24 July 2019
| THE HEARTBEAT OF WOMEN'S SPORT

Training: Open water swimming tips for novice’s – part one

August 4, 2015
open water Swimming

Open water swimming is becoming ever more popular,  whether it’s part of a triathlon or a lake or sea challenge. If you’re new to it, then take a look at our tips to help you have a much more enjoyable experience.

open water Swimming

1. Prepare for your event by swimming in open water

This may sound obvious, but it’s amazing how many people do all their training in a pool and turn up at their event never having swum in open water.

It’s absolutely essential to learn how it feels to swim in open water before your event. Being fit and able to cover the distance is one thing, but failing to prepare for the environment can make all that training pointless.

Open water swimming is a very different environment to the pool in several ways, but once you are relaxed and confident you may find that you actually prefer it!

2. Understand the start conditions

From the minute you get into the water and realise that there is no wall to push off, to the fact that there are no sneaky rests to be had at the end of each lap – open water is different.

Depending on your event, you may find yourself starting by wading in and swimming away or hanging on to a pontoon with your legs hanging free. Sometimes your legs may feel like they are drifting back under the pontoon, but just gently kick and you will realise you are fine.

3. Get used to the temperature

The water is very likely to feel cold when you get in despite the fact you are wearing a wetsuit. When you get in, splash your face with the water or dip your head under. Some people like to pull the neck seal a bit and let a little water in – this will warm up.

Keep moving, treading water, moving your arm in a swimming motion and swap the arm that is holding on to the pontoon – basically warm-up. You will only have a short time before the start gun, but make the most off it so that you don’t get an adrenaline rush when you start.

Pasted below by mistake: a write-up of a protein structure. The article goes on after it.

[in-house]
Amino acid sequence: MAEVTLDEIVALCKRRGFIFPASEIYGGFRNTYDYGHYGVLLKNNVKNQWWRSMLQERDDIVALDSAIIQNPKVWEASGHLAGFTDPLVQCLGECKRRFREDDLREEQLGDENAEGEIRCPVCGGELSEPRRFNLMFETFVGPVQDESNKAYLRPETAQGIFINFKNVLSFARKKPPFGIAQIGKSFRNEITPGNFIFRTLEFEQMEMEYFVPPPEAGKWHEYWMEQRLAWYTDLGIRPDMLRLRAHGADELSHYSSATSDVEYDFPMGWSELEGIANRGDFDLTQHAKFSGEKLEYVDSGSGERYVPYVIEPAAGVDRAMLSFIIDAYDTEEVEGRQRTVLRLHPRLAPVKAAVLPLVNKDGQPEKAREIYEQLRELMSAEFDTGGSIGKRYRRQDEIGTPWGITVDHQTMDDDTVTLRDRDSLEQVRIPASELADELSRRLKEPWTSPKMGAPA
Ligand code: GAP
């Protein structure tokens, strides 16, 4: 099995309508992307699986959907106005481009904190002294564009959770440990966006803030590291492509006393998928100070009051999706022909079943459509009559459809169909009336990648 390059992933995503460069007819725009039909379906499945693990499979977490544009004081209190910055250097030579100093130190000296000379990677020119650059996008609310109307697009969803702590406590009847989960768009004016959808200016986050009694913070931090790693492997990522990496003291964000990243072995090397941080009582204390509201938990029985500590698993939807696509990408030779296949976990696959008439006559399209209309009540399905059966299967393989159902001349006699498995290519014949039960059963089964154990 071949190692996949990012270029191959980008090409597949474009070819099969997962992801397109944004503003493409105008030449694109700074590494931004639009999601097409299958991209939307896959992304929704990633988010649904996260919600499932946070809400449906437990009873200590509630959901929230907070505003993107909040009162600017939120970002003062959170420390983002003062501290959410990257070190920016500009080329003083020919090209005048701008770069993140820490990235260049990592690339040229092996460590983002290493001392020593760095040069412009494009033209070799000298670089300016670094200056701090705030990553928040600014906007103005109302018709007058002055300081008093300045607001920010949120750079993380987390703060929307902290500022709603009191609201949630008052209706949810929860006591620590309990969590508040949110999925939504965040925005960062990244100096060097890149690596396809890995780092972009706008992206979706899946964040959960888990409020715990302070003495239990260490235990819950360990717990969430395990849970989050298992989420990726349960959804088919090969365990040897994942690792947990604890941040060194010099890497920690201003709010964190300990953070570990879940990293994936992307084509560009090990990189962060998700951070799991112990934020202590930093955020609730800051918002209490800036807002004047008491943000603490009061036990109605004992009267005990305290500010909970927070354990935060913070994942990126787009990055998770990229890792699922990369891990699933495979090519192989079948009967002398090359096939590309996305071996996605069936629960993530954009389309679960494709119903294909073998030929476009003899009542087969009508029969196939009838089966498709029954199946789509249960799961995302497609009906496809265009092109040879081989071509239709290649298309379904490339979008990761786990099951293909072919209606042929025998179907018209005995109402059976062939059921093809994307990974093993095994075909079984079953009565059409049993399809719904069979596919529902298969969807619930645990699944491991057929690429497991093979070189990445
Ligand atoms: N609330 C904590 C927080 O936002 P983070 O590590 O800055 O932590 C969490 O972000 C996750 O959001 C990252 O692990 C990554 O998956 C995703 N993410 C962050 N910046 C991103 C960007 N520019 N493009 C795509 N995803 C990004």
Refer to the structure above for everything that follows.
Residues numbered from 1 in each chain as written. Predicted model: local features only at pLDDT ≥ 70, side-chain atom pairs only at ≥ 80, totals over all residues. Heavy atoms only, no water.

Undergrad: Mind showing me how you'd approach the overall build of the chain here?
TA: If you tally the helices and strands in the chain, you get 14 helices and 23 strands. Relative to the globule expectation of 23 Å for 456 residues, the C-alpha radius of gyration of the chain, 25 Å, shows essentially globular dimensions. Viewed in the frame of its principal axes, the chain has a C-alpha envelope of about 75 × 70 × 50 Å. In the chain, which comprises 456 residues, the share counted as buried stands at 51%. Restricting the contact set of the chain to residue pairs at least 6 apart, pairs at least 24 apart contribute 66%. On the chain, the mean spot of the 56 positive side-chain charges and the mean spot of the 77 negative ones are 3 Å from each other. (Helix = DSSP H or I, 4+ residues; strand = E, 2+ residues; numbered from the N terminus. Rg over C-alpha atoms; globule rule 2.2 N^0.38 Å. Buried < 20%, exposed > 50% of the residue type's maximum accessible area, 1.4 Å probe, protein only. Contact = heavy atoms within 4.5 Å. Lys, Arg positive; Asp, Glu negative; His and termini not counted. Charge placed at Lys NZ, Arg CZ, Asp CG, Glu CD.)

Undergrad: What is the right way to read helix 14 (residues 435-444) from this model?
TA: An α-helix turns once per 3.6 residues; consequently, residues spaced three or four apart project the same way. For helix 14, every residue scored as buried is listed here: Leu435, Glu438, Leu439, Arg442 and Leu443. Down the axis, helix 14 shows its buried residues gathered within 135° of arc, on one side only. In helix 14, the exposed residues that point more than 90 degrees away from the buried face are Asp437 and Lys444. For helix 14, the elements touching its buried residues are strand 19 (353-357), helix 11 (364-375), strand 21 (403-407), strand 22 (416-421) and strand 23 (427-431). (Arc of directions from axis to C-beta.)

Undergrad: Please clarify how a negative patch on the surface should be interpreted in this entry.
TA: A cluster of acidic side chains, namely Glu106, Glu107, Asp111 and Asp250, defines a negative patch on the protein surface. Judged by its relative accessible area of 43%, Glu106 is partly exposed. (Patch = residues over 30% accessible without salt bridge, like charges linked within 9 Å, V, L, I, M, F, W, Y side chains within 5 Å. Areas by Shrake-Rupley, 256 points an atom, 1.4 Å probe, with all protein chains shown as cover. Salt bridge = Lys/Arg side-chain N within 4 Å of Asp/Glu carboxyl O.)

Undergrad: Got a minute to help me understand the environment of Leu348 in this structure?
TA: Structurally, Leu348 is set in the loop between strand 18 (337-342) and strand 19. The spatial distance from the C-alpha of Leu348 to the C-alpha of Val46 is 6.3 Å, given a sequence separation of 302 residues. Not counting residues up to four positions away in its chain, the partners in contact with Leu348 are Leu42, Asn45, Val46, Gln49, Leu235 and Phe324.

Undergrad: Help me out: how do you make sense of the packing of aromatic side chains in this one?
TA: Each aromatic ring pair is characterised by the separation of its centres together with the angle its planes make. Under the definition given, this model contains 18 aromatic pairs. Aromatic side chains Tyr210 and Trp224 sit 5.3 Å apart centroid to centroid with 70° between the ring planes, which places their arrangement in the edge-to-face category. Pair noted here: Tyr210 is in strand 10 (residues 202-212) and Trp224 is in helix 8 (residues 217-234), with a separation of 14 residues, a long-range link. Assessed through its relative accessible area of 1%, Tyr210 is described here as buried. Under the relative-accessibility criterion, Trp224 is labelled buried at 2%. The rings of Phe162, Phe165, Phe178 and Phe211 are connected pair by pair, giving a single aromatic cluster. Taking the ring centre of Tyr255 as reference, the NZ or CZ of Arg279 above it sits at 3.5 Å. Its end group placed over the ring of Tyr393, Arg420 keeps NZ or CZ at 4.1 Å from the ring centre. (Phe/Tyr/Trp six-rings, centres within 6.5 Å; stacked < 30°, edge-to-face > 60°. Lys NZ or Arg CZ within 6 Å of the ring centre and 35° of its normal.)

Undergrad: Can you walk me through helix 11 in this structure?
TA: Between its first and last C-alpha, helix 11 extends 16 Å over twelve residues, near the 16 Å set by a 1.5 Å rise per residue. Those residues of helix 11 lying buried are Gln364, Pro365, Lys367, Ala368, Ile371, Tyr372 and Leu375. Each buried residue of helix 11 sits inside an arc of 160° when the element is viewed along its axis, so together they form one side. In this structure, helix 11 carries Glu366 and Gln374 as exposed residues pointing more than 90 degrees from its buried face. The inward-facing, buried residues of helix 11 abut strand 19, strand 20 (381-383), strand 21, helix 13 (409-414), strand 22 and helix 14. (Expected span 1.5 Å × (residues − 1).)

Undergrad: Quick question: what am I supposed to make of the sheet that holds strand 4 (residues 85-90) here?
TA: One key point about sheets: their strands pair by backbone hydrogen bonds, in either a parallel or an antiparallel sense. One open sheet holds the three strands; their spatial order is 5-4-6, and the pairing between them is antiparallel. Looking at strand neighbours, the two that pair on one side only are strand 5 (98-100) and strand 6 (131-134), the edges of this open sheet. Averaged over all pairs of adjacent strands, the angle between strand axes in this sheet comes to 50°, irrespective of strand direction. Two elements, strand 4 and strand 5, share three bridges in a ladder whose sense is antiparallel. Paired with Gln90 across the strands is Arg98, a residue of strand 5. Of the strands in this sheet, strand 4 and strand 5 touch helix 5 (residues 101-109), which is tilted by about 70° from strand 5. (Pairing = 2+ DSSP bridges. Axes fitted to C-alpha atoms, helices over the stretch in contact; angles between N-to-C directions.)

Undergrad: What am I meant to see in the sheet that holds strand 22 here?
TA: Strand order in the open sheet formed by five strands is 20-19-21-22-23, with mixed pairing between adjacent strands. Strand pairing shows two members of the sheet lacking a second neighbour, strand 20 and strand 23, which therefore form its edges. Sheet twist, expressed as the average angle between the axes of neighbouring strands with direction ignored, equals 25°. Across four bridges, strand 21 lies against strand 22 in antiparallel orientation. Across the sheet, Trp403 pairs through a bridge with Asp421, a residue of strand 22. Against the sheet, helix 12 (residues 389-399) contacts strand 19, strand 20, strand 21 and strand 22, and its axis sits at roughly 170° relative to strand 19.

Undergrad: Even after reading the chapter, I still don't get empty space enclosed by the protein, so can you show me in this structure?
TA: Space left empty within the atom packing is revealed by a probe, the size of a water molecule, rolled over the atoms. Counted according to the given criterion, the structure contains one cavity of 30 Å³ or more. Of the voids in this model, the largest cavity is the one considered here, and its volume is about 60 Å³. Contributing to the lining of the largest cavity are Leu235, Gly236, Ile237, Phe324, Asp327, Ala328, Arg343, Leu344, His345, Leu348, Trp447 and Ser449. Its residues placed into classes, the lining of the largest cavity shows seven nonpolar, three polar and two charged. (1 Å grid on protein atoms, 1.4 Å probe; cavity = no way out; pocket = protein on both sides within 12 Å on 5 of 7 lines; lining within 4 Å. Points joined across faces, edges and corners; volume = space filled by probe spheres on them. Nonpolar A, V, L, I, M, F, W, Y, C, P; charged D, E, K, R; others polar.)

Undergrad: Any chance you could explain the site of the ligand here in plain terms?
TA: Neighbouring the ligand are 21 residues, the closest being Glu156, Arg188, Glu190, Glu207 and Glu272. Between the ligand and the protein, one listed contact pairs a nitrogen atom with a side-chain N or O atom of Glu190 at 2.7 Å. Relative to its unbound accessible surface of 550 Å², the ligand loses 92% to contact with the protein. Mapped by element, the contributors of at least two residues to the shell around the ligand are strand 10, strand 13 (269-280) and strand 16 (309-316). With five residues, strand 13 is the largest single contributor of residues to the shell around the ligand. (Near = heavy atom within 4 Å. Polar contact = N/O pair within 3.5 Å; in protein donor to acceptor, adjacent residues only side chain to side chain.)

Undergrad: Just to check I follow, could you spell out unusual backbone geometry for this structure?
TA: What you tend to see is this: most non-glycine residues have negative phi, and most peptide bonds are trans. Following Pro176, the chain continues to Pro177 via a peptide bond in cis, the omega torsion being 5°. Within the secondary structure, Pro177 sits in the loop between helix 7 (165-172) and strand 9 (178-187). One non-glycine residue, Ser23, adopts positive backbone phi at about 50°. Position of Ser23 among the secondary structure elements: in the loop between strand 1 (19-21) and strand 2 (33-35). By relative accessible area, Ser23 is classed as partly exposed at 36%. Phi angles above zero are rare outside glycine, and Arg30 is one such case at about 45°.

4. Dealing with no lanes and other swimmers

Having no lanes and therefore other swimmers around you can feel very alien; you have a few choices here:

If you are starting on a long pontoon you will line up the full length before getting in the water, so before you walk out onto the pontoon either head to the front of back of your group. This way you will either be on the inside or outside edge of the group with clear water to one side.

If you do find yourself feeling cramped and pressurised on the start you can just hold back a second of two before starting – let the others go and then start calmly. Many novices start too fast and then go through a bad patch because they are used to stopping and turning.

Open water swimming is very much a tortoise and hare event. The main thing is not to panic – as long as you relax and have confidence in your ability then you will be fine.

5. Prepare for the fact that there is no pool end

The thought that there is no way of stopping can put a lot of people off open water swimming, but actually in many ways this makes the whole experience a lot more enjoyable and a lot less tedious than swimming endless lengths.

Listen carefully to the briefing and read the pre-event information. Fear mainly comes from a lack of knowledge, so find out as much as you can about your event, the course and the safety features in advance.

Remember if you do feel overwhelmed, you can still swim to the side of the course (so as not to get in the way of other swimmers) and tread water or change stroke or just slow up and take a breather if you need. Just having an anti-panic strategy in your mind will probably be enough to mean you won’t need it. And don’t forget there will be safety boats too.

Look out for the second part of our open water swimming tips coming next week

Danielle Sellwood, Sportsister
The Women’s Sports Magazine

 

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